# Ansys Electronics Desktop – Amperian Loops

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## Introduction

When doing electromagnetic simulations, we often want to know what current is flowing through an object other than the one we are exciting – eddy currents. There’s a lot going on within Maxwell’s equations related to this topic, but we’re going to focus on one simple equation:

Hdl=I_enc

Which is the integral form of Ampere’s Circuital Law, and we’ll show how you can use the field calculator to find that enclosed current using the fields that Maxwell calculates for you! For this example, we are going to be using a simple case of two adjacent copper wires – the one on the left is excited with a 100 Amp current coming out of the screen (+Z), and the other is not excited at all.

## Measurement Setup

The first step is to make a closed loop around the object of interest – we’ll be doing this by drawing a 2D circle that fully surrounds our non-excited wire. There isn’t an exact diameter value, we just need to make sure the circle fully surrounds a cross section of just the wire.

And now we have a circle, and we need to convert it to a closed loop that doesn’t have a covered face. To do this, we select our circle, right click, and navigate to Extend Selection -> All Object Edges. This will select just the edge of our circle, which we will then turn into a unique object using either Modeler -> Edge -> Create Object from Edge in the menus on the top bar, or select it from the Draw ribbon:

The circle can be deleted now, we just wanted the edges (kind of like when eating homemade brownies). The edge will have a ridiculously long name – by default something like “Circle1_ObjectFromEdge1.” Feel free to rename it to anything you desire, just remember what it is when going through the field calculator. In this example, it was named “Current_Sense_Eddy.”

## Field Calculator

### or, How I Learned to Love Reverse Polish Notation

The easiest way to open the fields calculator is to right click on “Field Overlays” in the project manager and select the “Calculator” option. This will open the fields calculator, which we will use to generate our expressions for current.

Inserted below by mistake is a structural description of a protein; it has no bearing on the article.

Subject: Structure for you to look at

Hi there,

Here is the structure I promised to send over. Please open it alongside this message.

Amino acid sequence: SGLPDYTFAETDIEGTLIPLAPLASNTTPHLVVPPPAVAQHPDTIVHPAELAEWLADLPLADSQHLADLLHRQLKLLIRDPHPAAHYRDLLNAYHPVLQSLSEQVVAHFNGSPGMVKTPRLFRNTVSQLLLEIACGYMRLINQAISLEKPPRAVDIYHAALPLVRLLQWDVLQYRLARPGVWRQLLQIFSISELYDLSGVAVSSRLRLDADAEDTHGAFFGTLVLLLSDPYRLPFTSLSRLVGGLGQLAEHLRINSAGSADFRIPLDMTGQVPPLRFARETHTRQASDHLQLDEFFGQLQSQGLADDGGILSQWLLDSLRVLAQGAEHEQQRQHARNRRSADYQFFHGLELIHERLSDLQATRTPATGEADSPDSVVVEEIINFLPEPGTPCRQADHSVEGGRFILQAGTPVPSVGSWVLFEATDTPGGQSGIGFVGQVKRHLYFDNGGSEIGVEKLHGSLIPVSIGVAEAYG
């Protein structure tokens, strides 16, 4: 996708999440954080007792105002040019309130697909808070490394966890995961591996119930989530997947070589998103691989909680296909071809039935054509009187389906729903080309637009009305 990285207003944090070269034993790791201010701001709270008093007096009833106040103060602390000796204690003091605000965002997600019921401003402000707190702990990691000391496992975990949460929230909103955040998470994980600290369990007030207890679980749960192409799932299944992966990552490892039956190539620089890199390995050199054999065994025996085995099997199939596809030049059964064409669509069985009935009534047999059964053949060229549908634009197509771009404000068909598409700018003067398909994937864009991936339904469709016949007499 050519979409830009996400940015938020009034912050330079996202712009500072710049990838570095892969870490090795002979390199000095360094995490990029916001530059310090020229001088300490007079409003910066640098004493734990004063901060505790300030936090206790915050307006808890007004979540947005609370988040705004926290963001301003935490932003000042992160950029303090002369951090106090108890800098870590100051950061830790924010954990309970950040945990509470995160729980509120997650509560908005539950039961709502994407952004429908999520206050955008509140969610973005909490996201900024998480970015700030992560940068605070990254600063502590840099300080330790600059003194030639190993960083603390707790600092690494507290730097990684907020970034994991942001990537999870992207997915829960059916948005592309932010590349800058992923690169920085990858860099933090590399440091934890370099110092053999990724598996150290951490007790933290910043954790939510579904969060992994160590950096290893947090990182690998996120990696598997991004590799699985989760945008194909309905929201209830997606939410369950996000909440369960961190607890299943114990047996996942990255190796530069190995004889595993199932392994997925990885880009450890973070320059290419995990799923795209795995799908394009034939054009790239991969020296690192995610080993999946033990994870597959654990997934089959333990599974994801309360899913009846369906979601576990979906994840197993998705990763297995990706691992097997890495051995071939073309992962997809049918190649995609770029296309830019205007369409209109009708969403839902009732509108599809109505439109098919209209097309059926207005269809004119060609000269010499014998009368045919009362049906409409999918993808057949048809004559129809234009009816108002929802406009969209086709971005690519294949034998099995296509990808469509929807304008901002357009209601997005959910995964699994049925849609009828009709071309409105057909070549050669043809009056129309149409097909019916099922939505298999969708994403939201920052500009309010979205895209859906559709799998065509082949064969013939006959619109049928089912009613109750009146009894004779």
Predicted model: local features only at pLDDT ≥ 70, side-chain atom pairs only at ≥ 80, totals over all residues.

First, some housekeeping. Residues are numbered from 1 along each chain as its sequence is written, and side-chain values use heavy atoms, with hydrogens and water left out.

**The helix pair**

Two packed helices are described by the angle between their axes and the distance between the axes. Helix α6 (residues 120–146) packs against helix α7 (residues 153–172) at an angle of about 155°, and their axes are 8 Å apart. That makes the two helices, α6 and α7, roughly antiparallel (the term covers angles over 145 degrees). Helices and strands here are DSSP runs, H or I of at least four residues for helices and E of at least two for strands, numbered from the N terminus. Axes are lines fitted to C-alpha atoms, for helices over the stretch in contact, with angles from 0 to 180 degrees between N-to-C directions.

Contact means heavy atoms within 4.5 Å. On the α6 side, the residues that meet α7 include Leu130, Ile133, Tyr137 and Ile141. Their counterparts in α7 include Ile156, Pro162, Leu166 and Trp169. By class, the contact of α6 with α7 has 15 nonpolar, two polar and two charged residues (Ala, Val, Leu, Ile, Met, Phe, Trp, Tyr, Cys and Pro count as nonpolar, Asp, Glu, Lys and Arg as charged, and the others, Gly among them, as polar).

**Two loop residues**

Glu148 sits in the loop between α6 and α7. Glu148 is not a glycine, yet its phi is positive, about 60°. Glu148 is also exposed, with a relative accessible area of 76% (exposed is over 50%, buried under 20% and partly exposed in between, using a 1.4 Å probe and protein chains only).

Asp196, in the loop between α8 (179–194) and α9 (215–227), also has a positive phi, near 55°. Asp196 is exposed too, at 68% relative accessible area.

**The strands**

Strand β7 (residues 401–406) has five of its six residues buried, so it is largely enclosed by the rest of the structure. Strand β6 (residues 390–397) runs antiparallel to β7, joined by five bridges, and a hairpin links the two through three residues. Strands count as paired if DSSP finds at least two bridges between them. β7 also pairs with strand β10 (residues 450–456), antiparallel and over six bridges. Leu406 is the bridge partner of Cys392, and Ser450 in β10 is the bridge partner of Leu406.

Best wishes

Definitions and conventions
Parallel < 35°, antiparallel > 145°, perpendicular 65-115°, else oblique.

Below is a table showing the calculator operations, and what the stack will look like after each step – handy for following along.

And then we have our final expression – that whole mess of words represents the same equation as we showed before, where the contour that is being integrated over is the edge of the circle we drew! We can save this value as a Named Expression, and then use it in future reports – we’ll call ours Hdot_dL_Eddy.

The same process can be used to create a measurement loop around the excited wire (with a new circle) so we can verify we’re getting the right current. We’ll name that expression Hdot_dL_Exc, so now we have an expression for the Amperian loop current in both our excited wire and the one that we want to extract eddy currents from. We’ll create a data table of our two calculated currents and see how they change with frequency.

## Results

Our excited wire is measuring around 100 Amps – a positive sign since that is what we set it to be! The other wire’s current increases with frequency and is negative, both of which make sense from Maxwell’s equations – another positive sign. Our Amperian loop is accurately measuring the current in our two wires! This method can be done with any closed loop, in both 2D and 3D solvers, if it is a line object that completely encapsulates a cross-sectional area where current is flowing.

## A Few Final Words

Now we all have a handy method of measuring current in eddy current solutions, and all we needed was a couple circles and a little bit of Reverse Polish Notation from our fields calculator!

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